British missionary found dead in Iquitos
08 April 2019
(Written by Martin Scurrah from Lima)
Sallesian brother Paul McAuley was found dead last week in the centre he founded in Iquitos for poor indigenous youths who had left their communities to pursue high school or university studies in the city. His burnt body was found on the premises and police are investigating the circumstances of his death, regarded as suspicious.
Brother Paul, a British national aged 71, moved to Iquitos some 20 years ago and dedicated his considerable capacities and energies to the passionate defence of the rights of the indigenous peoples of the Amazon and the environment. In addition to working with indigenous youth so that they could succeed in their studies and conserve their identities and customs he was also founder and president of the Loretan Environmental Network which coordinates activities in defence of the natural environment.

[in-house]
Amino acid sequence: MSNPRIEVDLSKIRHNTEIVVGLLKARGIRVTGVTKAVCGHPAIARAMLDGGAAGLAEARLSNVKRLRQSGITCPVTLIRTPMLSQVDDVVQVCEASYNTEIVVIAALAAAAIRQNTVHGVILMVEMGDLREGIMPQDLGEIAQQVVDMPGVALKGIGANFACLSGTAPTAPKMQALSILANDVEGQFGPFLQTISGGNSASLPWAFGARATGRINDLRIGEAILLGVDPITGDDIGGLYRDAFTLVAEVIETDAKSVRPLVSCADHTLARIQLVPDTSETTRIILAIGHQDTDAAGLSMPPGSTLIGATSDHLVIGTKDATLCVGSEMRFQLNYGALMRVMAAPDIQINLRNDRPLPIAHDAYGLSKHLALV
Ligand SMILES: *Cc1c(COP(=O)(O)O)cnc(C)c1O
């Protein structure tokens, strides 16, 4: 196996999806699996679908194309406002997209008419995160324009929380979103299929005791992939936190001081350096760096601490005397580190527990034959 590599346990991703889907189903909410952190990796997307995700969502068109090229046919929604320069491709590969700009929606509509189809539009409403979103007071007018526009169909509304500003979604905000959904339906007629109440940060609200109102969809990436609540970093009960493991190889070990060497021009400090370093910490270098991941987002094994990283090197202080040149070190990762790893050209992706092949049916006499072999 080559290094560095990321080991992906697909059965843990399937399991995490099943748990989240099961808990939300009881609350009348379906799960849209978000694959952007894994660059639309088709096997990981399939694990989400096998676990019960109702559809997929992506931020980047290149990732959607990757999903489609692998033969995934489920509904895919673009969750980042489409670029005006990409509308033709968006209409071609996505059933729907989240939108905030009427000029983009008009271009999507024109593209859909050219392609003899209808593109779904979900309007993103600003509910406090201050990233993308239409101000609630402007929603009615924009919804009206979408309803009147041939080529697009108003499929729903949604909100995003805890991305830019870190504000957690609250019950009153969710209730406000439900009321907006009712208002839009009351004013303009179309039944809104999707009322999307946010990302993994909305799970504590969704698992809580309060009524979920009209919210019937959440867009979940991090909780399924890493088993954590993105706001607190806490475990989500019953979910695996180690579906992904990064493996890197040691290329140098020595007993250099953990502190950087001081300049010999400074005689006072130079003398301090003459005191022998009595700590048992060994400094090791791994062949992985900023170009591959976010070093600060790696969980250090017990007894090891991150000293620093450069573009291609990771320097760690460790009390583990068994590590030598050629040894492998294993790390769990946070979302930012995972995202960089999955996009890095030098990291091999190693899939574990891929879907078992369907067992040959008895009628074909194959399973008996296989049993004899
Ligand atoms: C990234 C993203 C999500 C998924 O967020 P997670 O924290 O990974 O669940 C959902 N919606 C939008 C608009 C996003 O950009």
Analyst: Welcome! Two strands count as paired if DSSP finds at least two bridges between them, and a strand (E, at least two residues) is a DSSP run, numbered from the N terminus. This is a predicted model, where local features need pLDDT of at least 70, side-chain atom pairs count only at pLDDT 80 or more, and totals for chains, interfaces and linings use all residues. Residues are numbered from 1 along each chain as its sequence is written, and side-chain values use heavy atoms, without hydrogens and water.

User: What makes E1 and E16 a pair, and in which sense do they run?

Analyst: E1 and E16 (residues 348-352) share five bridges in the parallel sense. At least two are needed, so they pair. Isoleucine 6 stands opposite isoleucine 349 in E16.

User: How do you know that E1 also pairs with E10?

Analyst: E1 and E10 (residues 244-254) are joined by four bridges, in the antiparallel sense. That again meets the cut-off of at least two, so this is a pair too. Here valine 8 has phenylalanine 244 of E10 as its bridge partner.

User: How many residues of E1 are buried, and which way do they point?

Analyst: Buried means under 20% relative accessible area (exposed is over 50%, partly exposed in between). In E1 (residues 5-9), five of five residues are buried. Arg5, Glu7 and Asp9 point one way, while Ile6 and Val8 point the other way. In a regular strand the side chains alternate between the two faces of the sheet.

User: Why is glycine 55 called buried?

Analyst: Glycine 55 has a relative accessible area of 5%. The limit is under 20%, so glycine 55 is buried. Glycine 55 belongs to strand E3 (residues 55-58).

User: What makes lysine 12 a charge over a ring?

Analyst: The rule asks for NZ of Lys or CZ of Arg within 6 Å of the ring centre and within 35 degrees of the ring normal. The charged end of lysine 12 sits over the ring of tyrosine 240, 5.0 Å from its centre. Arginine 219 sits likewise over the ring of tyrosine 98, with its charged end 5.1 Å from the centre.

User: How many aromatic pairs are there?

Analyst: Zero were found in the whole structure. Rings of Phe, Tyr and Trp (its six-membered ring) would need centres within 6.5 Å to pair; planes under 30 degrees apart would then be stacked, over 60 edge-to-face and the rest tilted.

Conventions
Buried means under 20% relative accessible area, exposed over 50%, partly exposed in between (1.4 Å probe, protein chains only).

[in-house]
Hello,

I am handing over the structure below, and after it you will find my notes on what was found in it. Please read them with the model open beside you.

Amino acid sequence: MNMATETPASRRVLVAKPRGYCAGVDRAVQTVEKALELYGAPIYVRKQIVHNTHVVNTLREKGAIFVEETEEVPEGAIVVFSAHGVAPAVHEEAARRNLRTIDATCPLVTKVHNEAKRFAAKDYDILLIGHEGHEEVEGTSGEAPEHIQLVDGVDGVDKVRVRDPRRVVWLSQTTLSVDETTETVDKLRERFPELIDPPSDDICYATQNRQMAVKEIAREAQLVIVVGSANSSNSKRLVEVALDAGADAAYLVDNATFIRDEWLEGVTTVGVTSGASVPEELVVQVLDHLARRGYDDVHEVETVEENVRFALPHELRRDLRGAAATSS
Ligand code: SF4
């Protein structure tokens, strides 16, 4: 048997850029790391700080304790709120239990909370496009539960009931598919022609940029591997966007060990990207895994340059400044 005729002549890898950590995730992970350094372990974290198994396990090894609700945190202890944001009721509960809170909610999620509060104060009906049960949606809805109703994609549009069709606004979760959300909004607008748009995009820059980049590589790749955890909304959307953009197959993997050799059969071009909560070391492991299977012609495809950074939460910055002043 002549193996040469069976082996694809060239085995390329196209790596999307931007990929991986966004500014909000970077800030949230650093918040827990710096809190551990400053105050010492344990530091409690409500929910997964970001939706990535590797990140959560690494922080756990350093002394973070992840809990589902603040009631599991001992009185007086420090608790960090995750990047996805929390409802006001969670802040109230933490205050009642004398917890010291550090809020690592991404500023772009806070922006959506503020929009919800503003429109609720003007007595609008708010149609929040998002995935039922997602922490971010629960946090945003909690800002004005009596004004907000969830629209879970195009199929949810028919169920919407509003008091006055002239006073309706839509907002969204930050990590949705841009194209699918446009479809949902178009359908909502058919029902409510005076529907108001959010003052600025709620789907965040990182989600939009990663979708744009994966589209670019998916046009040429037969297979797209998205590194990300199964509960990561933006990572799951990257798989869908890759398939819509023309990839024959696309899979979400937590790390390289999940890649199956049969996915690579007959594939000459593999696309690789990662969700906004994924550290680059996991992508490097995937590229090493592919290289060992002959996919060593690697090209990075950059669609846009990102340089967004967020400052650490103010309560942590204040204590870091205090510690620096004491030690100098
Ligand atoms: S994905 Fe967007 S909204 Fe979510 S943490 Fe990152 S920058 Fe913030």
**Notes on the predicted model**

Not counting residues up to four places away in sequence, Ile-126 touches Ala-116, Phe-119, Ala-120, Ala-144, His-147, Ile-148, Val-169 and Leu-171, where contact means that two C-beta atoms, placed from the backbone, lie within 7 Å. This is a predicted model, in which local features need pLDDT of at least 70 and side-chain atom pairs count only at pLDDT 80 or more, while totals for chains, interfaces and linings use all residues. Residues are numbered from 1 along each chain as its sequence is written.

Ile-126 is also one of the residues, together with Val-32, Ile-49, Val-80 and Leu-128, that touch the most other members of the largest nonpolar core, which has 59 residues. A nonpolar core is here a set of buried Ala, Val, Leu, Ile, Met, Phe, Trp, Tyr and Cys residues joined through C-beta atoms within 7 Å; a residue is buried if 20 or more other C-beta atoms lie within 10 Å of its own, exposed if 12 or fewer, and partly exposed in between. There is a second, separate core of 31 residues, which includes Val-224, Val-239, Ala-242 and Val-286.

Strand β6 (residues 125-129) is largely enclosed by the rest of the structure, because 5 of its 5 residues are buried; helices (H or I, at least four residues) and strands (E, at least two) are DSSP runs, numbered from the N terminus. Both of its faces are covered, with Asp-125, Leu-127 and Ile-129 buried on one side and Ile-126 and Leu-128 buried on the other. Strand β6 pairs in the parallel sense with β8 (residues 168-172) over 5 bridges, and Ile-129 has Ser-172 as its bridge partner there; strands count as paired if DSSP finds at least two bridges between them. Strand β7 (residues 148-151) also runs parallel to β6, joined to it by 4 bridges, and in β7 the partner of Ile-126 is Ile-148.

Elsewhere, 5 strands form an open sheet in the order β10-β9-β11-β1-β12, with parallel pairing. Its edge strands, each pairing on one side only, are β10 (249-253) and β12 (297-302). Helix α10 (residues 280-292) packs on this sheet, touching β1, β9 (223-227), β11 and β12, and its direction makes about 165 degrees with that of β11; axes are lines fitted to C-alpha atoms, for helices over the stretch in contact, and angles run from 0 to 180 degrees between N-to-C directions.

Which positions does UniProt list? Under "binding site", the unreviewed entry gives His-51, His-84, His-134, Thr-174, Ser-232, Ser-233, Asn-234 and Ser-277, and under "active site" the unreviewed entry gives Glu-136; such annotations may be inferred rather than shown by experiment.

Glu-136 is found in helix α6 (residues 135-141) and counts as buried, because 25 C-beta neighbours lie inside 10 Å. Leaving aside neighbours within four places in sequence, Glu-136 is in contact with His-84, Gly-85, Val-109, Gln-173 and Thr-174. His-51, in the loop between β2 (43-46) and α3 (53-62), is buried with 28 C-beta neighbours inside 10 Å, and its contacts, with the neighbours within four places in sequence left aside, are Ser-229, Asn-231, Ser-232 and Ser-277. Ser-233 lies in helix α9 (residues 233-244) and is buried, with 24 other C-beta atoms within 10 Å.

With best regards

During the government of President Alan García (2006-2011), McAuley was an outspoken critic of state policies which promoted private investment in the Amazon without regard for the impacts on indigenous peoples and the environment. García accused him of being a terrorist and attempted to have him deported but the public outcry, both national and international, in his defence dissuaded the president from pursuing the matter. Nevertheless, Church authorities ordered McAuley to moderate his public criticisms and concentrate on his pastoral work.
When systematising the work of an indigenous-run Amazonian Human Rights School some ten years ago I had the opportunity to spend an afternoon with Brother Paul and the indigenous youth who worked with him and enjoyed subsequent exchanges by email. He was a well-loved and highly respected figure in Iquitos and his absence will be sorely felt, especially amongst the indigenous youth resident in the city or pursuing their studies there.
The Associated Press cites a forensic doctor saying that it appears that McAuley’s body was burned after his death. He was buried in Iquitos on 3 April following a ceremony attended by fellow environmentalists and members of the Sallesian brotherhood.